Can VGA output do progressive scan?

Discussion in 'Mac Basics and Help' started by Dabisu, Dec 6, 2006.

  1. Dabisu macrumors member

    Joined:
    Jun 8, 2006
    #1
    Hi, I'm purchasing an HDTV, and I don't have much money to spend but I do have an old computer with a DVD drive and this LCD HDTV has VGA input. So I was figuring I can use my PC for a dvd player until I get some more cash. This TV can display 720p and I'd like to watch movies in progressive scan, so is that possible with VGA? Would it be primarily the video card that determines the output and progressive scan? What are the limitations to VGA on an HDTV?

    I know this is a Mac forum, but I use my iMac instead of my pc, but everyone on here has been very helpful. Also, if I wanted to control my PC via my Mac for media viewing, would a program like VNC be sufficient or is there a better program specifically for that, because I did see a program that did that with Mac Minis but not sure about PCs.
     
  2. glennp macrumors member

    Joined:
    Aug 7, 2006
    Location:
    Washington, DC
    #2
    There's a couple things involved here.

    1) Computer video is almost always non-interlaced (aka progressive) unless you've got an old Commodore 64 or something. By connecting your computer to the TV, you'll be watching a progressive picture.

    2) However, the resolution (or how the picture fills the screen) is a different matter. The VGA input is an analog input into your TV and it will probably handle multiple resolutions. Standard VGA resolution is 640x480 which will not fill your HDTV (unless the image is stretched horizontally, distorting the picture). When you connect the computer to the TV, try to use a widescreen resolution (something like 1280x720) to maximize your screen's real estate. Which resolutions you'll be able to use are dependent on the video card and TV. You generally want to get something as close as possible to the native resolution of the TV for best effect.

    3) Standard DVDs are 480p and then that picture is scaled to fit the TV screen. The question will become does a dedicated DVD player/TV combo produce a better scaled picture or will a computer stretching the 480p picture to 1280x720 produce a better picture?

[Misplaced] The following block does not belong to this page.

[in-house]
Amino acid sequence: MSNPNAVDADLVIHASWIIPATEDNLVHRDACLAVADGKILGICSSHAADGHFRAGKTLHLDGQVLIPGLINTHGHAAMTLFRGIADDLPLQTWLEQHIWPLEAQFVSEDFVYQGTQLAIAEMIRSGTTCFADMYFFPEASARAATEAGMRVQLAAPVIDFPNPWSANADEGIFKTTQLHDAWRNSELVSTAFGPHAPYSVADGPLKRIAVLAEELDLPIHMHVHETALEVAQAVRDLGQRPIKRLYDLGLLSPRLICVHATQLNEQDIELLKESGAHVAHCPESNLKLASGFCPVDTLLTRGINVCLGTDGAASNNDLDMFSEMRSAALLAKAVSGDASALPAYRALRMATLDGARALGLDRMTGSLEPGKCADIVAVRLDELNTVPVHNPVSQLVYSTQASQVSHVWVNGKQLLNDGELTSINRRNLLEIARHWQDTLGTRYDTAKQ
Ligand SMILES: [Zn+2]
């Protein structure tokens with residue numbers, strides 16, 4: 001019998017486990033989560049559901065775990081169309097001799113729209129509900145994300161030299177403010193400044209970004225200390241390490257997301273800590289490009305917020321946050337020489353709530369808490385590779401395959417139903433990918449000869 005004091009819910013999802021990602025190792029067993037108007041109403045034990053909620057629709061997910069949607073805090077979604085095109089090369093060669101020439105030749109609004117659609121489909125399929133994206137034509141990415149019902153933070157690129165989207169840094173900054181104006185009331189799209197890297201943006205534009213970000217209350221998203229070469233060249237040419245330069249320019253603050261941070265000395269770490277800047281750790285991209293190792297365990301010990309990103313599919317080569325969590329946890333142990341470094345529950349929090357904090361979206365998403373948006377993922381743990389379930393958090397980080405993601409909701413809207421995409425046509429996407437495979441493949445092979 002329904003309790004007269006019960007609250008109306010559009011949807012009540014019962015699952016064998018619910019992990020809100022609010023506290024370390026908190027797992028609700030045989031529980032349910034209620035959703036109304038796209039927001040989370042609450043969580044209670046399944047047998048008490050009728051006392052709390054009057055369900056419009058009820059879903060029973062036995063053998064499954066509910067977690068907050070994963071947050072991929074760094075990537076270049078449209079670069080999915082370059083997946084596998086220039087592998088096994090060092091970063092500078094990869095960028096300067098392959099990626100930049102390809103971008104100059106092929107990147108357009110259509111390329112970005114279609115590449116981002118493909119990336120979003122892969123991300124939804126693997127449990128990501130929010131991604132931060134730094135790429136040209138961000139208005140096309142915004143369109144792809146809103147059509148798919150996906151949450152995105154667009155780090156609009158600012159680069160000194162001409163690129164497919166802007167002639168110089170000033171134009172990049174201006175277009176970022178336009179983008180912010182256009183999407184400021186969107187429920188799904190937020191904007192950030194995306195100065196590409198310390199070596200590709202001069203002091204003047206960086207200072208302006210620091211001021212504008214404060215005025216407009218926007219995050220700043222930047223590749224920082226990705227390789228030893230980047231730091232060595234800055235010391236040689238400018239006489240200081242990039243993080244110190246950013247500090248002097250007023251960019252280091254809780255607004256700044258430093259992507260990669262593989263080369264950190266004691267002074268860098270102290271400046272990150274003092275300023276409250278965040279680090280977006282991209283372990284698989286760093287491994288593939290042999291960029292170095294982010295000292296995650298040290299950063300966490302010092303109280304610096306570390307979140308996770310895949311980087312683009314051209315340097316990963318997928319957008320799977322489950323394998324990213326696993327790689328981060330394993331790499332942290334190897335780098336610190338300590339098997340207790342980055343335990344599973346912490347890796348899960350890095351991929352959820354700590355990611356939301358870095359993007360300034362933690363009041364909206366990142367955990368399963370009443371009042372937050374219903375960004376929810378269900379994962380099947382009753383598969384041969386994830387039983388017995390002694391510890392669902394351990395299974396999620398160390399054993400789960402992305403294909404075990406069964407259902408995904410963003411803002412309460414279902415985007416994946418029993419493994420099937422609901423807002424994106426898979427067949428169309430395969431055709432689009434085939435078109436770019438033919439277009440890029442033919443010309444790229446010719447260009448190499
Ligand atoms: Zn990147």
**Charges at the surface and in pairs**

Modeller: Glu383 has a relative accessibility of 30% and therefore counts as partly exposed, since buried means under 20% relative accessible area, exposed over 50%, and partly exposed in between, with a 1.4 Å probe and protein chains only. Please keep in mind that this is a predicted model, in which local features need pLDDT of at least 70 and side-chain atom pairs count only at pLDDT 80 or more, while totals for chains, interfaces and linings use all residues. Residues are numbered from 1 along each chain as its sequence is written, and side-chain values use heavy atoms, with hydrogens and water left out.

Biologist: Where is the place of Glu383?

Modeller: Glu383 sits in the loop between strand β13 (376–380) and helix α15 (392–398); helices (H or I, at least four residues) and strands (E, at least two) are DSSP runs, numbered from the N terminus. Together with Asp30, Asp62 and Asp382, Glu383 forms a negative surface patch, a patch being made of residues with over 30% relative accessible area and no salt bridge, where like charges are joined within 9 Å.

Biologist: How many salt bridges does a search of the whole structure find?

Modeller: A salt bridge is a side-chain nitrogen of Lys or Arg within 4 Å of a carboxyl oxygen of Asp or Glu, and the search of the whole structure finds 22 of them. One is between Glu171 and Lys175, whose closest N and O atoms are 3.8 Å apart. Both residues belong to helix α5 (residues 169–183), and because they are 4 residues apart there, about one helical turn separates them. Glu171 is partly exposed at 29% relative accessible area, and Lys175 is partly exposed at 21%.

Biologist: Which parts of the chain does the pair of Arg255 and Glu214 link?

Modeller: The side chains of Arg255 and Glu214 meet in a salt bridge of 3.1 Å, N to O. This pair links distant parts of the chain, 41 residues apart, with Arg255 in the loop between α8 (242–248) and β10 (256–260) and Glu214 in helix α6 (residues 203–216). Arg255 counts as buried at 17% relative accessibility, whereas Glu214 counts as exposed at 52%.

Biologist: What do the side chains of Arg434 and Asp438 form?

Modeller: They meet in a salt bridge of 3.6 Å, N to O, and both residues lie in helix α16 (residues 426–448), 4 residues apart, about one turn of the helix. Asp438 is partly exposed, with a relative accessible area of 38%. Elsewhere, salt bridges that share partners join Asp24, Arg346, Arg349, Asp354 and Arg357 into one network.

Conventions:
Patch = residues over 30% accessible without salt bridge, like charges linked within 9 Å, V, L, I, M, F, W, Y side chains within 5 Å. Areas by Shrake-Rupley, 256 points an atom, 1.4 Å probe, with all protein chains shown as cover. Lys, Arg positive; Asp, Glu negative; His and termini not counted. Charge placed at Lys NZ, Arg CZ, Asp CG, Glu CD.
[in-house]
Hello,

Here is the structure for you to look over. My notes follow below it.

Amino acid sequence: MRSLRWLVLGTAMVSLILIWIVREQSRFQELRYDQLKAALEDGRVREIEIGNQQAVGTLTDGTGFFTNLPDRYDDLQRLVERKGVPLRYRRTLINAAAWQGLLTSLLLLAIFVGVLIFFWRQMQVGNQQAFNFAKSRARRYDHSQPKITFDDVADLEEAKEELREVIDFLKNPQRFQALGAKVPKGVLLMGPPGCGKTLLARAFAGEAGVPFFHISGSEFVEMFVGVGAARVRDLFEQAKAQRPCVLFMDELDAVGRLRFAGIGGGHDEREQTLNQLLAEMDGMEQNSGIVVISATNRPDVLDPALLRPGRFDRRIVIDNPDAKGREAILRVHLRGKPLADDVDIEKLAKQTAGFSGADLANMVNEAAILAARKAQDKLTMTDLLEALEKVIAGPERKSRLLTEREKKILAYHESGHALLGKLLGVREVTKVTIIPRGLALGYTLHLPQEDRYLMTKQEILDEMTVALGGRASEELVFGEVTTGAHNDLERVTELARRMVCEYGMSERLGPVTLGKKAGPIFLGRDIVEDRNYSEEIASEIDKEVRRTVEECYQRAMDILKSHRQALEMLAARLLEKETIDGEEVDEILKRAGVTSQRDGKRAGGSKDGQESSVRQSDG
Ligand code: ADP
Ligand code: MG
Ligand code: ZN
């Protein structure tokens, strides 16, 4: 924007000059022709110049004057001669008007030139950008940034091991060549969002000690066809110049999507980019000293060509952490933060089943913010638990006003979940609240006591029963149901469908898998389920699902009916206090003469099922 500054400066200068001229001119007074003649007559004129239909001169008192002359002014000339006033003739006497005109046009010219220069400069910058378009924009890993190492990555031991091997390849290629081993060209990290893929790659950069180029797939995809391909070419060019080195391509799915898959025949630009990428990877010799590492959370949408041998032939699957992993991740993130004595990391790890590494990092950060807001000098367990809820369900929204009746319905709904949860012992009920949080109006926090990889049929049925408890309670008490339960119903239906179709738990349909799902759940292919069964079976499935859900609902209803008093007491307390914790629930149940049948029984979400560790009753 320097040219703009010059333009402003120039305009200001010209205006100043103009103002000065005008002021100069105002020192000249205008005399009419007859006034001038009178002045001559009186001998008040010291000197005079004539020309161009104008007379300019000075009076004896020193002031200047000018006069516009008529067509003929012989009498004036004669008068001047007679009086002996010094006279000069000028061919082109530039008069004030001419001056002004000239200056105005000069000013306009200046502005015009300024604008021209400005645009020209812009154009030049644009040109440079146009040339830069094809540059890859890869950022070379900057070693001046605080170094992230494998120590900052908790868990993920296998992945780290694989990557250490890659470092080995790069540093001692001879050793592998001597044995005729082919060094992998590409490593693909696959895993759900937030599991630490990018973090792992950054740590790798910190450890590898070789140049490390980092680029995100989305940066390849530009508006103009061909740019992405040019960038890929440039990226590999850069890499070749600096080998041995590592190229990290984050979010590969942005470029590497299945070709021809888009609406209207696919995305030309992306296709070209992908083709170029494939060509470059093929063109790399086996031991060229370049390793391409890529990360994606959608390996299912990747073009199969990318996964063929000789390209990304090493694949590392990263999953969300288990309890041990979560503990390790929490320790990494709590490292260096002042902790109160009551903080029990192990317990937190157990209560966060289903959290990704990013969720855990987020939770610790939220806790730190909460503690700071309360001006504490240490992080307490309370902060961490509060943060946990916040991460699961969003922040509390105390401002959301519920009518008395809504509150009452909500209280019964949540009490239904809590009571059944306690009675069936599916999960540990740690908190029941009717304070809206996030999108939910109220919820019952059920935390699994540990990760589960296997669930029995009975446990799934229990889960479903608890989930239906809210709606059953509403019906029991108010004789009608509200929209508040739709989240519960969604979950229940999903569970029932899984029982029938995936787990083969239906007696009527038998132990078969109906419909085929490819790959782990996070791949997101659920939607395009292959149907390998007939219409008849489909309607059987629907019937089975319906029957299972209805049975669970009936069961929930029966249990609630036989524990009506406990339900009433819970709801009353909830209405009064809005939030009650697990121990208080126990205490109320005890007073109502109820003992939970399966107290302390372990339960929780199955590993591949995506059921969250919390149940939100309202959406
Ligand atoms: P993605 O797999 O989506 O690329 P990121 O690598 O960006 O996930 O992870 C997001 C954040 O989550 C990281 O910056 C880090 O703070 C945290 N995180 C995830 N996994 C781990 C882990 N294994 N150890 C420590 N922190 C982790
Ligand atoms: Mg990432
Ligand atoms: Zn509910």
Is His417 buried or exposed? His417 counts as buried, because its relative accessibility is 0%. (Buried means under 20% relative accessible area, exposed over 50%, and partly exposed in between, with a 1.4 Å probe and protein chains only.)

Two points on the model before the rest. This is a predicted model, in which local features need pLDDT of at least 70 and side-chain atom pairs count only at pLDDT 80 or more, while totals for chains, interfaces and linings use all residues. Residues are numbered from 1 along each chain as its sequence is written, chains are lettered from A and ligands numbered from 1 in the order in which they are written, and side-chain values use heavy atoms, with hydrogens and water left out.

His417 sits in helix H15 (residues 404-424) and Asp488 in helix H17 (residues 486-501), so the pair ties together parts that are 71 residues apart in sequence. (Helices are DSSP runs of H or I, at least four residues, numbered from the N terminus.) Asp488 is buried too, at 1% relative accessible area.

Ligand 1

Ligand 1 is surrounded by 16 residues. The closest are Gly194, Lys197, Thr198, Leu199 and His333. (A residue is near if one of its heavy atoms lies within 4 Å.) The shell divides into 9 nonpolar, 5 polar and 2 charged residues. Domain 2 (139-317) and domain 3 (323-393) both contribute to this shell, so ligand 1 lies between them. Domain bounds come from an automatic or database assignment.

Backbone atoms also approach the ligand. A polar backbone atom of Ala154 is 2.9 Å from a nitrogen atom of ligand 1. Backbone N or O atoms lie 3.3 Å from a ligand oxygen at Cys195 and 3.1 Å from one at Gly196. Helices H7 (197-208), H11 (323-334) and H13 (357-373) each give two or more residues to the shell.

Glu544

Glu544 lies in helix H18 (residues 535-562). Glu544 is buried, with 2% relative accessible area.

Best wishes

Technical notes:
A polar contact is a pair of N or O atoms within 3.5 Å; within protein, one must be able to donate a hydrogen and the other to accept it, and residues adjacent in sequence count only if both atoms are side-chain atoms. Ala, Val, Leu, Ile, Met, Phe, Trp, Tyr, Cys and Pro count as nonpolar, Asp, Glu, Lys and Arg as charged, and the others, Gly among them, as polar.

Definitely hook up the computer to your TV but for best DVD performance, get a dedicated DVD player with component or DVI/HDMI outputs.
     
  3. Dabisu thread starter macrumors member

    Joined:
    Jun 8, 2006
    #3
    Hey thanks for all the info! Now I really want to get a dedicated DVD player so I can enjoy my new TV much better.
     
  4. mkrishnan Moderator emeritus

    mkrishnan

    Joined:
    Jan 9, 2004
    Location:
    Grand Rapids, MI, USA
    #4
    The best option is to find out the native resolution of the TV and then try to get your video card to display it. As stated, TVs are mostly 1280x720 or 1366x768 (what mine is) or 1920x1080 I think, if you get the nicest ones. So if you can do that actual native resolution, this is the best bet. It will not be interlaced at that resolution. Besides which, LCD TVs do not have the capability to interlace anyways... even interlaced hi-def resolutions like 1080i have to be converted to progressive resolutions for an LCD....
     
  5. Dabisu thread starter macrumors member

    Joined:
    Jun 8, 2006
    #5
    My video card I have in there could go way up to 2048 x 1536. I belive that is quite a bit over what my new HDTV will actually be able to display. I never worked in anything past 1600 x 1200 because my monitor couldn't support anything higher. I will try setting my PC to the native resolution of my HDTV when I get it, however, if I set my resolution on my PC higher than that capable of the HDTV will it still display and could that ever match or exceed the quality of a dedicated DVD player?
     
  6. mkrishnan Moderator emeritus

    mkrishnan

    Joined:
    Jan 9, 2004
    Location:
    Grand Rapids, MI, USA
    #6
    How this is handled depends somewhat on the TV in question... I think most TVs will adapt if they see a 1080 signal for instance and don't have that many pixels. Not so sure if you go higher than that.

    As far as a dedicated DVD player, unless it's a high-def standard like Blu-ray, yes, the computer puts out much more resolution than regular DVDs. But you have to find video source that's at a higher resolution. I think that both regular DVDs and iTunes store movies are in the rough range of 480p...
     
  7. Dabisu thread starter macrumors member

    Joined:
    Jun 8, 2006
    #7
    Well I was looking at DVD players that upscale up to 720p, 1080i and had component and HDMI output. I should've made that clearer, if I don't have to spend the extra money and get better picture than an upscaling DVD player then I'll just use my pc. However it is big and loud and no remote... >_<
     
  8. Anonymous Freak macrumors 601

    Anonymous Freak

    Joined:
    Dec 12, 2002
    Location:
    Cascadia
    #8
    Your TV probably has a resolution of 1366x768, which means that upsampling to 1080p won't matter, since the TV can't show that full resolution, anyway. In that case, if it has VGA input, plug in the VGA cable, and set your computer resolution to 1366x768 (if it supports it, 1280x720 if it doesn't,) and you will get the 'full' quality. Note that if it's a PC, it also depends on the quality of the DVD player software on the PC. If it can't upsample very well, then it doesn't matter. Also, if the source DVD isn't progressively encoded, it won't matter, since the PC will have to 'de-interlace' the source, which does mean it is slightly reduced quality. (I've found that watching interlaced-source DVDs looks better on a high end 'standard definition' TV than it does on a computer screen, since it was meant to be viewed interlaced.)
     

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